Having done some online research, I took a fancy to the bike-packing idea. Whilst we won’t be doing any camping, the basic set up on the bike looked far more to my taste than panniers. Whilst there’s not as much room as a rucksack or panniers, I think there’ll be enough as long as I pack light and sensibly. The Paris trip won’t be a problem, all I need is a red and white stripey t-shirt, beret and a spare set pair of bib shorts and I’m sorted. I’ll wear the fluorescent yellow gilet so that’ll save some room – I hear it’s quite the fashionable thing to do in Paris these days.
My current front runner in the luggage stakes is the Restrap set up pictured below. Restrap are a British company based in Leeds and are a highly regarded manufacturer of bike luggage amongst other things. Their website is found at www.restrap.co.uk
So, assuming that the luggage issue is now resolved, what does that mean in terms of my choice of bike for the trips? The original conundrum was whether to use the hybrid or the old Trek road bike, having discounted my Synapse from the running (for Paris anyway). I then discounted the Trek over tyre sizes and was pretty much left with the hybrid.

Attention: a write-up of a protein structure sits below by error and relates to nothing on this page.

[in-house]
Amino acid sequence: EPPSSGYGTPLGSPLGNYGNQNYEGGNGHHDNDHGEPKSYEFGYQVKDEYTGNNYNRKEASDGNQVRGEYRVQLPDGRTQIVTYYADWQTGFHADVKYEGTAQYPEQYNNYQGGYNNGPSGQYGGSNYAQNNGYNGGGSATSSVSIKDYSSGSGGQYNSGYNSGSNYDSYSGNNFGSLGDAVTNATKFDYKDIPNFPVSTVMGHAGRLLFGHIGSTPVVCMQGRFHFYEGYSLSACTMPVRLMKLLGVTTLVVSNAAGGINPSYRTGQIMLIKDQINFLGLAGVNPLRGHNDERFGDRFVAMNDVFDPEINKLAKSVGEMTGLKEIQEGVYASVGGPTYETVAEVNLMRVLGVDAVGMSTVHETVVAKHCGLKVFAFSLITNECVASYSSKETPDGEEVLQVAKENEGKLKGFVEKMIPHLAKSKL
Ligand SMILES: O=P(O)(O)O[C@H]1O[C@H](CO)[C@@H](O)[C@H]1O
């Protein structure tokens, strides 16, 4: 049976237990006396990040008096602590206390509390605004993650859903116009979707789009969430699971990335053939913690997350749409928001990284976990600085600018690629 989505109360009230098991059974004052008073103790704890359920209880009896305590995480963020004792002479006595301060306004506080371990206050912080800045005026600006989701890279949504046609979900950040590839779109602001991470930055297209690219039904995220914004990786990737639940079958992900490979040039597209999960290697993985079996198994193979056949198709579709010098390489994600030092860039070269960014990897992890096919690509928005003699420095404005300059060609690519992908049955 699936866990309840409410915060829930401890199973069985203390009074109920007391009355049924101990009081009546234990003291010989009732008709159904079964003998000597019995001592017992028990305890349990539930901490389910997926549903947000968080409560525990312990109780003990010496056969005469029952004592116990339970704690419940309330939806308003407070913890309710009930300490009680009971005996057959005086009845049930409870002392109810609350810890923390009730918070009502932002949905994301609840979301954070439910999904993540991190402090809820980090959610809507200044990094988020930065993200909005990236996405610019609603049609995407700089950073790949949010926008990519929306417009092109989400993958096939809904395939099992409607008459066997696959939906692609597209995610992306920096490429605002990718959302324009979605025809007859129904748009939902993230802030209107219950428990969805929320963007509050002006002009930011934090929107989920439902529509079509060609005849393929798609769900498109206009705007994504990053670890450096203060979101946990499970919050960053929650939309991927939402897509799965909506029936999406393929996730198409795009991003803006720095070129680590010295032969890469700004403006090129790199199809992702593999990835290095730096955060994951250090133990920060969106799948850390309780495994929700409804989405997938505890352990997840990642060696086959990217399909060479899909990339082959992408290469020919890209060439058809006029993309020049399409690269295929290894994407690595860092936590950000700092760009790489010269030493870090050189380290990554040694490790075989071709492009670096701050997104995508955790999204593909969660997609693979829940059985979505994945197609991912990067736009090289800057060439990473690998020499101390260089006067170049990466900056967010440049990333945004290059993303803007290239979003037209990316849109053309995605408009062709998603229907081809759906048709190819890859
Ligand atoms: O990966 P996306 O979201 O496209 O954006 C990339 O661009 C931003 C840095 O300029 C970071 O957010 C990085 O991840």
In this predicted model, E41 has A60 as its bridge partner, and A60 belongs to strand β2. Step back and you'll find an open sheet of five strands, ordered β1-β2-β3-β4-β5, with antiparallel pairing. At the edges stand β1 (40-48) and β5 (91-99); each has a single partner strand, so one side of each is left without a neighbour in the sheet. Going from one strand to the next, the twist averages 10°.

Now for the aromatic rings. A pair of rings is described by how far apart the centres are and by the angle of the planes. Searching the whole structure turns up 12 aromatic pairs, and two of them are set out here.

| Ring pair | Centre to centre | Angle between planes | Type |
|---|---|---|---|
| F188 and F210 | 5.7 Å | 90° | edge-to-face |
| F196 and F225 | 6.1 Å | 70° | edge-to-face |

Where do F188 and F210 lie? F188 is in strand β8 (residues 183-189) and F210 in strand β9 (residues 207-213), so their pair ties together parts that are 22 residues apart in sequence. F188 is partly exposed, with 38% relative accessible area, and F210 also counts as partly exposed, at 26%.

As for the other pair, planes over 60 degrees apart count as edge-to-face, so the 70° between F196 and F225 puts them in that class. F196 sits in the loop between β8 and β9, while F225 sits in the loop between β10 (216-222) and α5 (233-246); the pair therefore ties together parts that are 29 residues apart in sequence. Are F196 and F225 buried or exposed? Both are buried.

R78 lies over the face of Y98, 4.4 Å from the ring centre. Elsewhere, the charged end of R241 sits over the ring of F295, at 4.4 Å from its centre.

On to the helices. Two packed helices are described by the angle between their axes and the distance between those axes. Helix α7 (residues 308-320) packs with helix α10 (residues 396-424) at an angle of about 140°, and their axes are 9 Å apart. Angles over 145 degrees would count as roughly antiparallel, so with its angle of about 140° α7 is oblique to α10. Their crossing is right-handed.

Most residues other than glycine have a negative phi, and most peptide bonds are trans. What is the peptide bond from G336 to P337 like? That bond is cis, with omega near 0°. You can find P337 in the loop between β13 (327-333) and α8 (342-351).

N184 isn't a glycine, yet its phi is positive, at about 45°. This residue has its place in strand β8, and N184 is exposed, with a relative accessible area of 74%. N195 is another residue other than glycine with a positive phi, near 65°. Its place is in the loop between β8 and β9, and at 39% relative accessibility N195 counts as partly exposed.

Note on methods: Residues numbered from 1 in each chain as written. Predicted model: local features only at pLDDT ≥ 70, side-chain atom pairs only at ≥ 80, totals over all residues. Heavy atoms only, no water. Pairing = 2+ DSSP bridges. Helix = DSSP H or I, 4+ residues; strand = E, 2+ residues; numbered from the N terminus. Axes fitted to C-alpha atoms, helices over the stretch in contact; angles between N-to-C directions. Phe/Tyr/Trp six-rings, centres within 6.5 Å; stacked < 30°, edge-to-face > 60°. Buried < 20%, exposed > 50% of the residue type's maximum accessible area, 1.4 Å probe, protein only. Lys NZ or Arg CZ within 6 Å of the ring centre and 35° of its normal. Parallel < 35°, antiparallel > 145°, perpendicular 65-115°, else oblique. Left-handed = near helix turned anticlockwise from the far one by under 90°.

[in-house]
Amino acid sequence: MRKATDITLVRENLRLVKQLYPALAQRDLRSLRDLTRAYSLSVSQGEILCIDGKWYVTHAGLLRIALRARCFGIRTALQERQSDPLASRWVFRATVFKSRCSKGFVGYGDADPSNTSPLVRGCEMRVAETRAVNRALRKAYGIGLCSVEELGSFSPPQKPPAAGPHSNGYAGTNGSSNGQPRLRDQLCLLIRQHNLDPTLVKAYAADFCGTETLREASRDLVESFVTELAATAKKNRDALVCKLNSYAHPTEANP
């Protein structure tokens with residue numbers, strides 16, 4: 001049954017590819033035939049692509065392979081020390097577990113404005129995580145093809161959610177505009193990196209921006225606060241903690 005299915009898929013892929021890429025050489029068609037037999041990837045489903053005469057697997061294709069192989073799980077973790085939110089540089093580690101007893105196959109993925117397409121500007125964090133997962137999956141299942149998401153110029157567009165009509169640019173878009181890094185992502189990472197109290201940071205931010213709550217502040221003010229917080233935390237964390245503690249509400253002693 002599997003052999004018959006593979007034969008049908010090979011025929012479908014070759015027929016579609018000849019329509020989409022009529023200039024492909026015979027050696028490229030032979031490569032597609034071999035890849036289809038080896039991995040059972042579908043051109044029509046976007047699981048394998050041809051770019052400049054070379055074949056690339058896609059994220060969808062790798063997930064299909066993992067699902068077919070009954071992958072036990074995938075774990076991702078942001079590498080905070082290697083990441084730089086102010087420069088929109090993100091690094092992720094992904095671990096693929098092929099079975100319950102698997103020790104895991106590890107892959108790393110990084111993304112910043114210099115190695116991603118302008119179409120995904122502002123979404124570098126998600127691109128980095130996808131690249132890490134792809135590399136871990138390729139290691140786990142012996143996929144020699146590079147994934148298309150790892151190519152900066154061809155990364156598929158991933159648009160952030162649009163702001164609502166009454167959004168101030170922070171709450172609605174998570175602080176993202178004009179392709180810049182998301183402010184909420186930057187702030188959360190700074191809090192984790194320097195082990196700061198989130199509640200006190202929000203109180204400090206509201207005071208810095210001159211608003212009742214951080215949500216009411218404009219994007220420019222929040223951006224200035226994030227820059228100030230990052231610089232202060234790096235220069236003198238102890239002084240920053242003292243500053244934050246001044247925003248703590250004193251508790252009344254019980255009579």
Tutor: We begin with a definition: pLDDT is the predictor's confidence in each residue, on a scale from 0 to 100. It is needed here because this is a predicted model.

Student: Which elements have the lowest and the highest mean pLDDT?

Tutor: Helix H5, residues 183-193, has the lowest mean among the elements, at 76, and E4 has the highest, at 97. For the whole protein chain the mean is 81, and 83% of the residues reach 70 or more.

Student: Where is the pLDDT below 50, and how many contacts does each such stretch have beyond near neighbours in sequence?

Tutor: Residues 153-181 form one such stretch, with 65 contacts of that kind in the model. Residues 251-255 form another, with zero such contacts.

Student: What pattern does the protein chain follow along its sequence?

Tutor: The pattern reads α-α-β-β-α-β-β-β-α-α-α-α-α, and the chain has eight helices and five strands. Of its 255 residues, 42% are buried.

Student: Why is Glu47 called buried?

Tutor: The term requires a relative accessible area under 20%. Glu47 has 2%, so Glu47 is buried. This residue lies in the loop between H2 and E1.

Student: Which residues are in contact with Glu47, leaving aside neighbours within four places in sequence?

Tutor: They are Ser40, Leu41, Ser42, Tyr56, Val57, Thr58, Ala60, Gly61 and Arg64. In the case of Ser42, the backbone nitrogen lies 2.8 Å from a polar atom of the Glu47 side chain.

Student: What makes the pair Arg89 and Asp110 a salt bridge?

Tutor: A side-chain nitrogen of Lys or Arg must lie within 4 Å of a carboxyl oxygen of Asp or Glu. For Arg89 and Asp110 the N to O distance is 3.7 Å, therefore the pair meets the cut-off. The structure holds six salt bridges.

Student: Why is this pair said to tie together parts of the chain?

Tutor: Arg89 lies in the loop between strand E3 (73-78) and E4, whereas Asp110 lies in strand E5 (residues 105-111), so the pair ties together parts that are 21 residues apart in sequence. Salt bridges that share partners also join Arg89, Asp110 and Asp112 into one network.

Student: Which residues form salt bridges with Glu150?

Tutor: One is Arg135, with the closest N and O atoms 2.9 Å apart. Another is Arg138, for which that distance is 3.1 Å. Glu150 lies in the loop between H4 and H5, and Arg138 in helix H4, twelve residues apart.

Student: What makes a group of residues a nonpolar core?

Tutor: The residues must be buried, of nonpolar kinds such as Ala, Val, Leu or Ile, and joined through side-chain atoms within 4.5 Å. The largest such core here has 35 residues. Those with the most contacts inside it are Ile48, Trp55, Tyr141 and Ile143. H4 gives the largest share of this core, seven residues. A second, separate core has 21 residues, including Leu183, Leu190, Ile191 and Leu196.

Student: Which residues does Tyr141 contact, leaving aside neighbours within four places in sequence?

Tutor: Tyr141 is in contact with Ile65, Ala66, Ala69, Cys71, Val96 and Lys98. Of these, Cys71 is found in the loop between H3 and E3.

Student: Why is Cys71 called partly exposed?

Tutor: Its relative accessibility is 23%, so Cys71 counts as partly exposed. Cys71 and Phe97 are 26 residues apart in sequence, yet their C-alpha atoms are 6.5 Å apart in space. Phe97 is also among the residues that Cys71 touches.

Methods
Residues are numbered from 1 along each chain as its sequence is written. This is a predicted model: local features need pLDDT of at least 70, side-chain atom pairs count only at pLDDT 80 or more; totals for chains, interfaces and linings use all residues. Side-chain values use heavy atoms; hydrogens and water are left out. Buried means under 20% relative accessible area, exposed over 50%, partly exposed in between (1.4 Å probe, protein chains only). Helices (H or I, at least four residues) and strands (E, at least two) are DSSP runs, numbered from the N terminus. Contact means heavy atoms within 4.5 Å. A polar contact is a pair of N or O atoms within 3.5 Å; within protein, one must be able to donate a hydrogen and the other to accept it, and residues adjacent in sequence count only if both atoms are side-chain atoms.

I had been keeping my eye out for another alternative. I nearly pulled the trigger on a secondhand Secteur on Ebay but decided against it at the very last moment. I was browsing various bike websites and then checked out the clearance section on Planet X’s site and … there it was. A beauty in fluoro green. Exactly the type of bike I’d had in mind and in the perfect colour scheme! What’s the price? £499?! Done! Trigger pulled, case closed! Now all I have to do is sneak it into the garage without anyone seeing.
In all seriousness, this seems like a good conclusion. I now have a drop bar bike for touring, with disc brakes (I upgraded the discs to a higher spec in the options) which I wanted, robust wheels, capacity for 40mm tyres, mudguard + pannier mounts (just in case) and, being aluminium, I’m less concerned about it being knocked around on Eurostar. The Apex 1 groupset will be interesting though. I haven’t tried one before but I’m quite content with the fact I’ll lose some intermediate gearing and some top end compared to my Synapse’s Ultegra compact set up. I’ll still have a good overall range and the increased simplicity means that there’s one less thing to go wrong on the road.